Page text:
Judge Suspends Sentencing Of Would-Be Bomber After NSA Revelations | WAMU 88.5 - American University Radio

NPR : News

Filed Under:

Judge Suspends Sentencing Of Would-Be Bomber After NSA Revelations

The sentencing of a Somali-American man convicted of trying to bomb a holiday tree-lighting ceremony in Portland, Ore., in 2010 has been put on hold indefinitely. That move comes just days after the Justice Department notified his lawyers that part of the case against him had been "derived from" secret NSA electronic surveillance.

Both sides met Tuesday in the chambers of U.S. District Judge Garr King to discuss next steps. The judge later issued a public order delaying the sentencing of Mohamed Osman Mohamud, which had been scheduled to take place Dec. 18.

"If sentencing remains appropriate, the court will reset the sentencing hearing," after it rules on motions from federal public defenders Stephen R. Sady and Lisa Hay, the judge's order said.

The move could foreshadow months or even years of legal wrangling, if the case becomes a vehicle to challenge the constitutionality of once-secret NSA monitoring of overseas email and social media accounts.

The Supreme Court this year turned back a challenge to surveillance law by a group of human rights workers, lawyers and reporters because they could not demonstrate they had been monitored or subjected to any harm. But the fresh disclosure to Mohamud and a series of other defendants in cases where U.S. prosecutors used secret surveillance could help overcome that hurdle.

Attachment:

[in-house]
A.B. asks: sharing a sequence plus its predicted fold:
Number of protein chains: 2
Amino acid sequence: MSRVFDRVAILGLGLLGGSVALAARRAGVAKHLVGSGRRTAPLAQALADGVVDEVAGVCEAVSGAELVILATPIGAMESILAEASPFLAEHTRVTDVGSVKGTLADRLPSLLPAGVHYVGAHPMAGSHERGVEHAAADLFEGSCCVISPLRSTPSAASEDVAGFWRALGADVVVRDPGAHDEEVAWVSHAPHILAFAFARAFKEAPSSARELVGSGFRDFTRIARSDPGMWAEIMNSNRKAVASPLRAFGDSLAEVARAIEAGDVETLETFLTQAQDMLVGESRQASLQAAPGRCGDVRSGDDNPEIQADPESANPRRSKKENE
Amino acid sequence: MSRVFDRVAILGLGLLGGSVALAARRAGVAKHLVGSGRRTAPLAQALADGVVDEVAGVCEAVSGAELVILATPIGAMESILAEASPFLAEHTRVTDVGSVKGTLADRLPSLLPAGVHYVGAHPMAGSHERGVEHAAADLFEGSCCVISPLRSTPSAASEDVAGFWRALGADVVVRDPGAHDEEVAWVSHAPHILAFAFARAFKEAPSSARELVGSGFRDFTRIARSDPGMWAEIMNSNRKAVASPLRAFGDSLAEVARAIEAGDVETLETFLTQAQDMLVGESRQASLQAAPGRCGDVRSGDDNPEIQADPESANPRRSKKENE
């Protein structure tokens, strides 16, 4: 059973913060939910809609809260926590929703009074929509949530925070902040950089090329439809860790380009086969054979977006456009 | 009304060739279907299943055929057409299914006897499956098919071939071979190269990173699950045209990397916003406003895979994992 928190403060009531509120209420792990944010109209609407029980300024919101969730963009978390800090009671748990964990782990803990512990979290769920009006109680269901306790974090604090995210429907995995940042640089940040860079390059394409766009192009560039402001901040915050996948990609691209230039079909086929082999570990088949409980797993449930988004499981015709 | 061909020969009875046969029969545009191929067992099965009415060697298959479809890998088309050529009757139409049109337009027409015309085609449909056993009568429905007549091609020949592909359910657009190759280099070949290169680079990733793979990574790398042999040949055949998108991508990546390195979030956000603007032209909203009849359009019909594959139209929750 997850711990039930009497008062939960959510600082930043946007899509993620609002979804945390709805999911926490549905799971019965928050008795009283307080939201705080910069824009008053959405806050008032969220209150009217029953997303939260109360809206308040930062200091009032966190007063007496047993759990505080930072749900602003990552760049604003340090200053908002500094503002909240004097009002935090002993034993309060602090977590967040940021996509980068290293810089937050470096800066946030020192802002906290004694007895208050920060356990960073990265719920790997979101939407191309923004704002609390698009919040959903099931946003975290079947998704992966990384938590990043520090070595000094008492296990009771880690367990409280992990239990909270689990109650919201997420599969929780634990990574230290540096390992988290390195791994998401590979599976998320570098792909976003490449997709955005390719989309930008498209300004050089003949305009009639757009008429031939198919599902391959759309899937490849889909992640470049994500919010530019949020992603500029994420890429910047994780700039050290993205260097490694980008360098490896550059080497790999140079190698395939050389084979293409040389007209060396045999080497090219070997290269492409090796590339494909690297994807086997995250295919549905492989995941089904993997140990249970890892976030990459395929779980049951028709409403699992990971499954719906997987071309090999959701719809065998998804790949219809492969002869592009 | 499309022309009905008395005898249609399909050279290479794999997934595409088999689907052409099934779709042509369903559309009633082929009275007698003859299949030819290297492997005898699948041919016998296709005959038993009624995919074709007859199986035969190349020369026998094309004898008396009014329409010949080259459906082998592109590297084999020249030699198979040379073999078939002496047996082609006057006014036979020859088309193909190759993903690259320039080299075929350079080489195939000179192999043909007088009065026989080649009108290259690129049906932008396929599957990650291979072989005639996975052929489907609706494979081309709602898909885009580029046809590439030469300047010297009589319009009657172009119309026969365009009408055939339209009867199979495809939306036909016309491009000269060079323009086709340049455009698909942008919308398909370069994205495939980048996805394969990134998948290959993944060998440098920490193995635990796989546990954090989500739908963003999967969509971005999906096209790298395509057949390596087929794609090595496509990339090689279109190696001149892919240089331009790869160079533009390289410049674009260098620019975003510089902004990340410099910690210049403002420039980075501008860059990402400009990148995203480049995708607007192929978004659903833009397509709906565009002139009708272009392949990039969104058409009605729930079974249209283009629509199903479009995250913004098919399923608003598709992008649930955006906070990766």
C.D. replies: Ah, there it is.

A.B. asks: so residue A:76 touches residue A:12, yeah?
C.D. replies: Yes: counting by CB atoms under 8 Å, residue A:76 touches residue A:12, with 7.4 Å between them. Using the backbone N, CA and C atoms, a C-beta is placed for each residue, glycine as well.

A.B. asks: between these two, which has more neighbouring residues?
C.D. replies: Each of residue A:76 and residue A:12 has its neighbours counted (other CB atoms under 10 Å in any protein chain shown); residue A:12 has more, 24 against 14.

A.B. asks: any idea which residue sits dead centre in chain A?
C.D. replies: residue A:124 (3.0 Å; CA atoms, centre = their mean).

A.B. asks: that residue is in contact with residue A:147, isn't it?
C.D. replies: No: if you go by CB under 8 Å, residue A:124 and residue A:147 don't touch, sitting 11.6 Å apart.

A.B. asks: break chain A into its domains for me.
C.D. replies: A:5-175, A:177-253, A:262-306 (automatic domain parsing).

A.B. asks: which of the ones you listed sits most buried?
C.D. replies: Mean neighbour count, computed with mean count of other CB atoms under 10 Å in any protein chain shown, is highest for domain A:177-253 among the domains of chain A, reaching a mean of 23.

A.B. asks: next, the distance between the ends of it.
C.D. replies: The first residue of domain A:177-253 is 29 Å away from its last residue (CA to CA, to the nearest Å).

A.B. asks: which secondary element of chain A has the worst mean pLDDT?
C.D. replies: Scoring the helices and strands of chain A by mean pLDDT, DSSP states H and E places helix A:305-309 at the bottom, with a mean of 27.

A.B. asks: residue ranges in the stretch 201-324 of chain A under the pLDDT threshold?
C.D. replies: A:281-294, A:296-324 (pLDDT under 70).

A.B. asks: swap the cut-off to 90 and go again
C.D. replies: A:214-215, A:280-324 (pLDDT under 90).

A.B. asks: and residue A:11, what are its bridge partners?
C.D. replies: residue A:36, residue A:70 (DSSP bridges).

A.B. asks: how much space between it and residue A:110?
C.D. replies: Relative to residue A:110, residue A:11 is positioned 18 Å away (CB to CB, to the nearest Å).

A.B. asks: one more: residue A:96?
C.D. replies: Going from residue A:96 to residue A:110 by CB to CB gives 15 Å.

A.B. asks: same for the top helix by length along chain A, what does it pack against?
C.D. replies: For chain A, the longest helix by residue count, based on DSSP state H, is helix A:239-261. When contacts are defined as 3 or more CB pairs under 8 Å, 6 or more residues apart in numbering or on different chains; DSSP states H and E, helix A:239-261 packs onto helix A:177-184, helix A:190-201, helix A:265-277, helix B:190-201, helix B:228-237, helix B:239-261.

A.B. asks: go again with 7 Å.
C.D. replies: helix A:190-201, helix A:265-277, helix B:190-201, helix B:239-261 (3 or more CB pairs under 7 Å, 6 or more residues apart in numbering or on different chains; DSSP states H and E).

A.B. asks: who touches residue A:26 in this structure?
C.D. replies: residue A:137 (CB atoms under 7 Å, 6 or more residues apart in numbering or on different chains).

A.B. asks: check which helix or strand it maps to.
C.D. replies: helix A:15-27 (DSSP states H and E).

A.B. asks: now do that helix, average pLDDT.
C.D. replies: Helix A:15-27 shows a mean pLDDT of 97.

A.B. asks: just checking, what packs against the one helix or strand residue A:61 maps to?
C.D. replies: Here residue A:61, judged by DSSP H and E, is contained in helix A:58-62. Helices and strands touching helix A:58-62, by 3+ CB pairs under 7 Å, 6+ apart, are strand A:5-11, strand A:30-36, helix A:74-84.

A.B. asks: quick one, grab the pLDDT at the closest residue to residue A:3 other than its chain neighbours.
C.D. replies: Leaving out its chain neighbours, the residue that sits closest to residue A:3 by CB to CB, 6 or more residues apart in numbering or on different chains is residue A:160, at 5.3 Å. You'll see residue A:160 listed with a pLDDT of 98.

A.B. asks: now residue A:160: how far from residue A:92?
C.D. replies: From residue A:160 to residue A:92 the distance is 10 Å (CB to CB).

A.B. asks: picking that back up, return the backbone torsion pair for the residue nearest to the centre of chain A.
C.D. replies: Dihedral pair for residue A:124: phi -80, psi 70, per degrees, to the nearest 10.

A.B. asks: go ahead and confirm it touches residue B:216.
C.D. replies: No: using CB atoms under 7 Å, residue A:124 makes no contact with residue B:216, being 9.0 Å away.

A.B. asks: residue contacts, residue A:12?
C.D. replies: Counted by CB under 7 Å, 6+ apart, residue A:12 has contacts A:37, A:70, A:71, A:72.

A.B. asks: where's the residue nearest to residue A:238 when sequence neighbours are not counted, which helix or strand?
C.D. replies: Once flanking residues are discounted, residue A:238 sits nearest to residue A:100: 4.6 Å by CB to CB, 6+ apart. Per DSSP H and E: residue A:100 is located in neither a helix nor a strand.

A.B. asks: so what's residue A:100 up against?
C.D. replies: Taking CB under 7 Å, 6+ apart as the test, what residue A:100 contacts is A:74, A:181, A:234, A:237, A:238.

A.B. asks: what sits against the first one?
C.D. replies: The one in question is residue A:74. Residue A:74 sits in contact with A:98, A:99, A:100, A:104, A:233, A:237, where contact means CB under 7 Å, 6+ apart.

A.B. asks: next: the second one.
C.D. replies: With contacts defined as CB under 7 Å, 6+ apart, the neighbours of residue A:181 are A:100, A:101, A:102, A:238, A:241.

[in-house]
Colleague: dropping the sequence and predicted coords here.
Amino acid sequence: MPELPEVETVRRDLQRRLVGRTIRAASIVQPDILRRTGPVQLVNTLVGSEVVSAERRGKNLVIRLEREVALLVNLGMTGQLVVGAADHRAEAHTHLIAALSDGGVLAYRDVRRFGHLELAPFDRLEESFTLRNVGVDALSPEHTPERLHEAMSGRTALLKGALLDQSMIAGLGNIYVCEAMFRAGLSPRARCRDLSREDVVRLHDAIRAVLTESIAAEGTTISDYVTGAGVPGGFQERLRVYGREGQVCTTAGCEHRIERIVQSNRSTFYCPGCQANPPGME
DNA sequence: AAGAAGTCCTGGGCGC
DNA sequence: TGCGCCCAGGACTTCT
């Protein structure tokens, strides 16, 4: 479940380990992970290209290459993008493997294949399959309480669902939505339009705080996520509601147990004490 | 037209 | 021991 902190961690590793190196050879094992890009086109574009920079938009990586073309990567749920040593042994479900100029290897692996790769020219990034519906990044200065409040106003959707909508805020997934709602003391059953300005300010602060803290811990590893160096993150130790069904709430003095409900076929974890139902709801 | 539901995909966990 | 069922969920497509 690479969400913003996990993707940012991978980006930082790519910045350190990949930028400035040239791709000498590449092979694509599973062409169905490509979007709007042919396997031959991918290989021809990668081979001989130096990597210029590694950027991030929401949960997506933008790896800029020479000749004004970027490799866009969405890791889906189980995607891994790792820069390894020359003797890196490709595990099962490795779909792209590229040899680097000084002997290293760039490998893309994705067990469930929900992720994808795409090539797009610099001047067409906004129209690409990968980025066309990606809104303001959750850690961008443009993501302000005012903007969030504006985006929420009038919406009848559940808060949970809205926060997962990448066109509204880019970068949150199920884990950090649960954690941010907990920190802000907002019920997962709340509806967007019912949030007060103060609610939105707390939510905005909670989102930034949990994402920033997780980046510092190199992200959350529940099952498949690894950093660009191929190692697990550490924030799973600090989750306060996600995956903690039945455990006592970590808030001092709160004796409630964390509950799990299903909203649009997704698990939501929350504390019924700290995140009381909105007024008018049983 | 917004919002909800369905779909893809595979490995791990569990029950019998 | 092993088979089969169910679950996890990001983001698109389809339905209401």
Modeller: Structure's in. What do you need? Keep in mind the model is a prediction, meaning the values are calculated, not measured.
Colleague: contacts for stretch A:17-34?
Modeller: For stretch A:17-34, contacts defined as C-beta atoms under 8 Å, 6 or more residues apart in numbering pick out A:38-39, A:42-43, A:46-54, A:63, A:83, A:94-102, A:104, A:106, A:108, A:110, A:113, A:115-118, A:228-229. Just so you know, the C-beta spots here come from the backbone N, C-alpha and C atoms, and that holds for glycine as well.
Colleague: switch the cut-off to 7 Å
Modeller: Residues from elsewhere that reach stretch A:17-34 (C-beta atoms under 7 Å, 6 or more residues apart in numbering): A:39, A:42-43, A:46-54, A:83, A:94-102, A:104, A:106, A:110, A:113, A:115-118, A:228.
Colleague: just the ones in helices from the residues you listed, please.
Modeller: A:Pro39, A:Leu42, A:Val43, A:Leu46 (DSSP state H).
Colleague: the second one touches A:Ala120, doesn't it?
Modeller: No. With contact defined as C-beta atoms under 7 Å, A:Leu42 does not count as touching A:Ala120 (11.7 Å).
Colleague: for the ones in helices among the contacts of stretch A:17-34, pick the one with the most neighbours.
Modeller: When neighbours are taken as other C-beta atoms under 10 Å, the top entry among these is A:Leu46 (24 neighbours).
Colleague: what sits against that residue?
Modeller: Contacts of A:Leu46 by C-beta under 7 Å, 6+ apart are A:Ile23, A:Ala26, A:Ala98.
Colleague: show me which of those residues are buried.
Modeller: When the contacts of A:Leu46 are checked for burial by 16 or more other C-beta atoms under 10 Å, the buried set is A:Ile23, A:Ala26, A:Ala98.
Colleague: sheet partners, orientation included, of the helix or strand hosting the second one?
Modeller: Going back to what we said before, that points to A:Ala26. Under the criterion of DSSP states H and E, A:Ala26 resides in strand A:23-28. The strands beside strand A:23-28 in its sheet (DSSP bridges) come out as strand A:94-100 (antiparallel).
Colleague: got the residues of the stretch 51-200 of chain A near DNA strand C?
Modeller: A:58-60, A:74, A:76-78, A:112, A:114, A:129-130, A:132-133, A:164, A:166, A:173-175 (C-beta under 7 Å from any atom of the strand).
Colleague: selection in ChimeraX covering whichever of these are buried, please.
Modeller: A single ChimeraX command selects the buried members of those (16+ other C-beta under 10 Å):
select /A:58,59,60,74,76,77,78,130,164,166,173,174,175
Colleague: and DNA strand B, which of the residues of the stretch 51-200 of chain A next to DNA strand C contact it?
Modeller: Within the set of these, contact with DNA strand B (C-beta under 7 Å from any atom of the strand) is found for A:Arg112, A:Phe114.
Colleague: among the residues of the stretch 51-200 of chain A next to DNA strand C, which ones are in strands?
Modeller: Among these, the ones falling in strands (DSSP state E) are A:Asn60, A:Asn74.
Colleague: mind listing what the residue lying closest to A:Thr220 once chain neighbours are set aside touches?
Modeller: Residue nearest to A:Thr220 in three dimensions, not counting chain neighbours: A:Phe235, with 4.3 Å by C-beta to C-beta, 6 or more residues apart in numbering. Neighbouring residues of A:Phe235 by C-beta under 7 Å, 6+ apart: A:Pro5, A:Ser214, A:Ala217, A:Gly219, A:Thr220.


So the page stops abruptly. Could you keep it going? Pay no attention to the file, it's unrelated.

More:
Defense attorneys Sady and Hay will file court papers seeking discovery from prosecutors early next year. The defense lawyers had no comment on the latest developments in the case. But the heart of their arguments to the Portland jury that convicted Mohamud was that undercover FBI agents entrapped him using a phony fertilizer bomb. Mohamud, 22, has been living in federal custody in northwest Oregon.

For previous coverage, see Justice Says FISA Was Used To Help Crack 2010 Oregon Bomb Plot

Copyright 2013 NPR. To see more, visit http://www.npr.org/.

NPR

Wounded Bull-Runner: 'If You Run Long Enough, You Get Gored'

Bill Hillmann, a writer from Chicago, contributed to the book Fiesta: How to Survive the Bulls of Pamplona. He was gored at this year's running of the bulls in that city, but says he plans to return.
NPR

What If The World Cup Were Awarded For Saving Trees And Drinking Soda?

We thought you'd get a kick out of seeing how the four teams in the final World Cup matches stack up in global health and development.
NPR

What Could $100 Million Buy You — Besides Campaign Ads In Kentucky?

Spending on the Kentucky Senate race might reach $100 million. So what else could that get you in the Bluegrass State? NPR's Tamara Keith finds out when she calls up some local business owners.
NPR

Looking For Free Sperm, Women May Turn To Online Forums

Bypassing commercial sperm banks, thousands are logging on to websites where women can connect with men at no cost. Anecdotes abound, but the scope of the unregulated activity is unclear.

Leave a Comment

Help keep the conversation civil. Please refer to our Terms of Use and Code of Conduct before posting your comments.